The M23 rebels, who are not represented at the ongoing inter-Congolese dialogue in Nairobi and are currently under sanctions by DRC, have been asked to hand themselves over to the government failure to which military action will be taken against them.
The Democratic Republic of Congo government has reiterated that it will not offer amnesty to the group which continues to defy calls for cessation of hostilities and exit from the areas of Bunagana, Rutshuru and Kiwanja where they were last week asked to leave after the last meeting of the Luanda process in Angola.
“If they are your brothers and sisters, I advise you to tell them to come while the arm is still stretched towards them. Do not want to be in conflict with the government and the East African Community Regional Force (EACRF),” President Felix Tshesekedi’s special envoy Serge Tshibangu Wednesday told the armed groups attending the third Nairobi Peace Process on.
He reiterated that Kinshasa will not engage the foreign armed groups fighting in eastern Congo and that they must leave the country forthwith.
“We have met only six percent of the M23 group who are represented here. The rest have decided to isolate themselves and they continue to carry out attacks,” Prof Tshibangu added.
Groups in Nairobi meeting
The EAC facilitator for the process, former Kenyan president Uhuru Kenyatta, said the Nairobi meeting only involves armed groups that have agreed to silence their guns.
“The Luanda process was very clear that M23 should ease hostilities — which they have done — and vacate from three locations. Until that is done, M23 cannot be part of these discussions,” Mr Kenyatta said.
“The other foreign armed groups were told to leave the DRC territory and go back to their home countries. If they will not, they shall face military action by FARDC and the EACRF,” he added.
Read: M23 asks to meet Uhuru Kenyatta
Day two of the Nairobi Inter-Congolese dialogues was off to a slow start following the late arrival of yet another group of 82 representatives of armed groups, community leaders, civil society groups and youth groups from Goma.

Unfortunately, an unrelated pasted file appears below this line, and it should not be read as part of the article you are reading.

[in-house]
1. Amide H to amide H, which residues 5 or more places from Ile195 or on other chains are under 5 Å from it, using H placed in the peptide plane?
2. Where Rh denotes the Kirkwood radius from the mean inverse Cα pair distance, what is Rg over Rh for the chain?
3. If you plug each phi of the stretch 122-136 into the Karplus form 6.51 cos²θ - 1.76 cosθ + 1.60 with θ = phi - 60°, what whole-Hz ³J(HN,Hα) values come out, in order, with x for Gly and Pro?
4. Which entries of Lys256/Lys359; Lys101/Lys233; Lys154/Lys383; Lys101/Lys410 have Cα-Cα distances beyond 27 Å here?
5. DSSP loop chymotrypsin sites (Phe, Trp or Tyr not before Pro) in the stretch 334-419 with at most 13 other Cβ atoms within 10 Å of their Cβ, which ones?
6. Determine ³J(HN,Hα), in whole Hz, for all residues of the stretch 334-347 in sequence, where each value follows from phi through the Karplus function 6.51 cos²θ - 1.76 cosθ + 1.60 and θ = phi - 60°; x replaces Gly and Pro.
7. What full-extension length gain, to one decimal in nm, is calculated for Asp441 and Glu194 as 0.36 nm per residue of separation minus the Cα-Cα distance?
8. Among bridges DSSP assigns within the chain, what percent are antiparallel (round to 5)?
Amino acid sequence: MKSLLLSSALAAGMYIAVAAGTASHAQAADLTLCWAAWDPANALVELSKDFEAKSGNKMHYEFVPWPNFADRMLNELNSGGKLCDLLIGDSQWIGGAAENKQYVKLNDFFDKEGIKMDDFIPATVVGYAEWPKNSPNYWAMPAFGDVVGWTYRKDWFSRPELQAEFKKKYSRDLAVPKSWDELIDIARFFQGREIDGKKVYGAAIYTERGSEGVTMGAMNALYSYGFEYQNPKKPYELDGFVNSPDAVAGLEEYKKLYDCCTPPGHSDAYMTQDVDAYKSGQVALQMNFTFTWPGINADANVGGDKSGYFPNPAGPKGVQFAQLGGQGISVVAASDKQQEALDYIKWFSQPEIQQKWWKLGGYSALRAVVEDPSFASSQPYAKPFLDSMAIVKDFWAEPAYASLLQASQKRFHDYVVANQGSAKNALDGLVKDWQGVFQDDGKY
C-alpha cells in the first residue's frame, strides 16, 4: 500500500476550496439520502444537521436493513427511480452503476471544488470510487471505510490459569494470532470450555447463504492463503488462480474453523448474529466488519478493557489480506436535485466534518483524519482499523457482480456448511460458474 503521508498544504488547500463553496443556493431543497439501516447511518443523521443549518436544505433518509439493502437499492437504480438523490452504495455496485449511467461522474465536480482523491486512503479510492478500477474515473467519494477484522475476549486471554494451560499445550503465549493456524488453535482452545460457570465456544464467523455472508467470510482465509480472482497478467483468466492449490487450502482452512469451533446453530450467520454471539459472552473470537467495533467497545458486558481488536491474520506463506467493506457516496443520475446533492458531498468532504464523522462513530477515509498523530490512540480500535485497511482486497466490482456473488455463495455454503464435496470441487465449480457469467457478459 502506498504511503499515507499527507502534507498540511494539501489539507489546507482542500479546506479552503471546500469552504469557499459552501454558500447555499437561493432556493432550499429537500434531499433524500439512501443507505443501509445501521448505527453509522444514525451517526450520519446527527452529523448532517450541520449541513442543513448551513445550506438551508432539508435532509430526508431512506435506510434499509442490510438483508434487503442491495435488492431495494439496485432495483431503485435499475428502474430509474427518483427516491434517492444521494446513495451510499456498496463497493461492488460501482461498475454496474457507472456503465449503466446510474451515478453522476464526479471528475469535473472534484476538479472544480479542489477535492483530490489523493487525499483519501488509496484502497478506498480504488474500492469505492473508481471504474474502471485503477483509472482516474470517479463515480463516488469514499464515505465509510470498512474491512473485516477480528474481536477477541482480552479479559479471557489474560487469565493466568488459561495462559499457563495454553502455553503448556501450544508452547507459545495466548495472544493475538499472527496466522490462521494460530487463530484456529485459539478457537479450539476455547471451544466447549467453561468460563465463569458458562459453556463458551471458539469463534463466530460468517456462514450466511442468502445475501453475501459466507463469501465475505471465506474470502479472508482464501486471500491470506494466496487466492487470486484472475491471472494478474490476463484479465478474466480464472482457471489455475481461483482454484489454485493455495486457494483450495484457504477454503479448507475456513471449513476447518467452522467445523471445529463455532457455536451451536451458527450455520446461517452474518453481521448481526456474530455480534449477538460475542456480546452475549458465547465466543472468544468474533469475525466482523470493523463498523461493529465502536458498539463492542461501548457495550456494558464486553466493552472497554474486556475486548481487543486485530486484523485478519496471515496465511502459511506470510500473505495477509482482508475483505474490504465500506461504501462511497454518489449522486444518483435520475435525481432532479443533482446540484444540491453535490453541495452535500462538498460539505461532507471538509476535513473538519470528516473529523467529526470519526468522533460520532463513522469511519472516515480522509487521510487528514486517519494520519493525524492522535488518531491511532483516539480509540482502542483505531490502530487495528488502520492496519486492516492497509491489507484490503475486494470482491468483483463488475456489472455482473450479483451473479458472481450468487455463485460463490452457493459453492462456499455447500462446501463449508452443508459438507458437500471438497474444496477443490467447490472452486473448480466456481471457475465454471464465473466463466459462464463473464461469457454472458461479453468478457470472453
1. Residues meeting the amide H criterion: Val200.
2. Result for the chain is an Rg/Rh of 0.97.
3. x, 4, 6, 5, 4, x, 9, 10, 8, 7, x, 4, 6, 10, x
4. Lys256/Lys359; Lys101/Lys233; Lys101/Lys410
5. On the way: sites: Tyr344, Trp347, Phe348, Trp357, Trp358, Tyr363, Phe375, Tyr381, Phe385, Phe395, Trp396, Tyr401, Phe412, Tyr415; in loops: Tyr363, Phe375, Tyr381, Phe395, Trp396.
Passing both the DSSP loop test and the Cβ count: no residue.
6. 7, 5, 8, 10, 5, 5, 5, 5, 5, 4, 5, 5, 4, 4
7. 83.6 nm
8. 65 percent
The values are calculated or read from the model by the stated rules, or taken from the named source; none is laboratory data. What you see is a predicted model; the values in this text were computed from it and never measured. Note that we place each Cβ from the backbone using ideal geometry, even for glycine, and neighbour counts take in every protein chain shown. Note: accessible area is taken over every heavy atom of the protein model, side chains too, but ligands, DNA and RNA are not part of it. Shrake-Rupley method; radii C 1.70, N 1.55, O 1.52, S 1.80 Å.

Largest inter-Congolese dialogue
The arrival of the group on Tuesday afternoon added to the groups that arrived over the weekend from North Kivu, Ituri and other regions, bringing the total number of participants to 350, who include over 50 armed groups, making it the largest inter-Congolese dialogue since the inception of the Nairobi peace process in April this year.
The late arrival of the team pushed Tuesday’s negotiations to Wednesday.
Participants who spoke to The EastAfrican expressed hope that the meeting would find a lasting solution to the recurrent conflict in eastern Congo, which some claimed is mainly fuelled by foreign fighters.
Read: M23: Ceasefire deal doesn’t concern us
Others intimated that the conflict has entirely destabilised their lives as a result of a growing number of victims who are now disabled as a result of the war, besides cases of rape and defilement — resulting in the siring of “unwanted” children — and a delayed school calendar among other woes.
“We thank Kenya for the part it is playing in helping us find lasting peace because we need an end to all of the trouble happening back at home. I have just received a call from my children telling me that there was a fight in the morning. We hope the M23 can go back to where they came from,” one of the victims said.
Counselling for war victims
Psychiatrists from the Kenya’s Ministry of Health have been seconded to the week-long event at Nairobi’s Safari Park Hotel to offer counselling to the victims as they come face to face with some of the persons suspected to be behind the crimes committed against them.
One rebel group’s representative confessed that the support for some of the armed groups indeed comes from some neighbouring countries, which he declined to mention, but quickly pointed out that they were ready to surrender their guns to the DRC government if the issues affecting the region are addressed.
Read: Experts: Don’t include rebels into DRC army
Regarding the decision by EAC member states to deploy troops to the region, he said they are waiting to see if indeed their intention is to ensure peace.
“If that is indeed their intention, we shall be happy to support them. All we have been fighting for is the protection of our fellow countrymen and resources. We have seen some groups that are supported by foreign countries steal our minerals and fight our people, we want an end to that and a country that is peaceful,” he said.
Hope in Nairobi process
Prof Tshubangu expressed hope that the Nairobi process would bear fruit and come up with strategies that bring peace in eastern DRC.
“We think we are going to leave this country with resolutions and commitments. Remember all the eyes of the entire world are on us. I’d like to urge all of us that it is important that what we discuss here is executed for the sake of our country and future generations,” he said on Tuesday.
“This is your historical moment. Use it to bring lasting peace to your home country,” Kenya’s Foreign Affairs PS Macharia Kamau told the participants.
The dialogues are meant to create mechanisms for bringing back peace in eastern DRC where more than 120 armed groups are fighting.
They kicked off on Monday with a resolution by EAC heads of state to deploy military action against armed groups that defy calls to ease hostilities, create channels for voluntary repatriation of internally displaced persons and refugees hosted in neighbouring countries in addition to a call for the unconditional departure of foreign armed groups from DRC territories.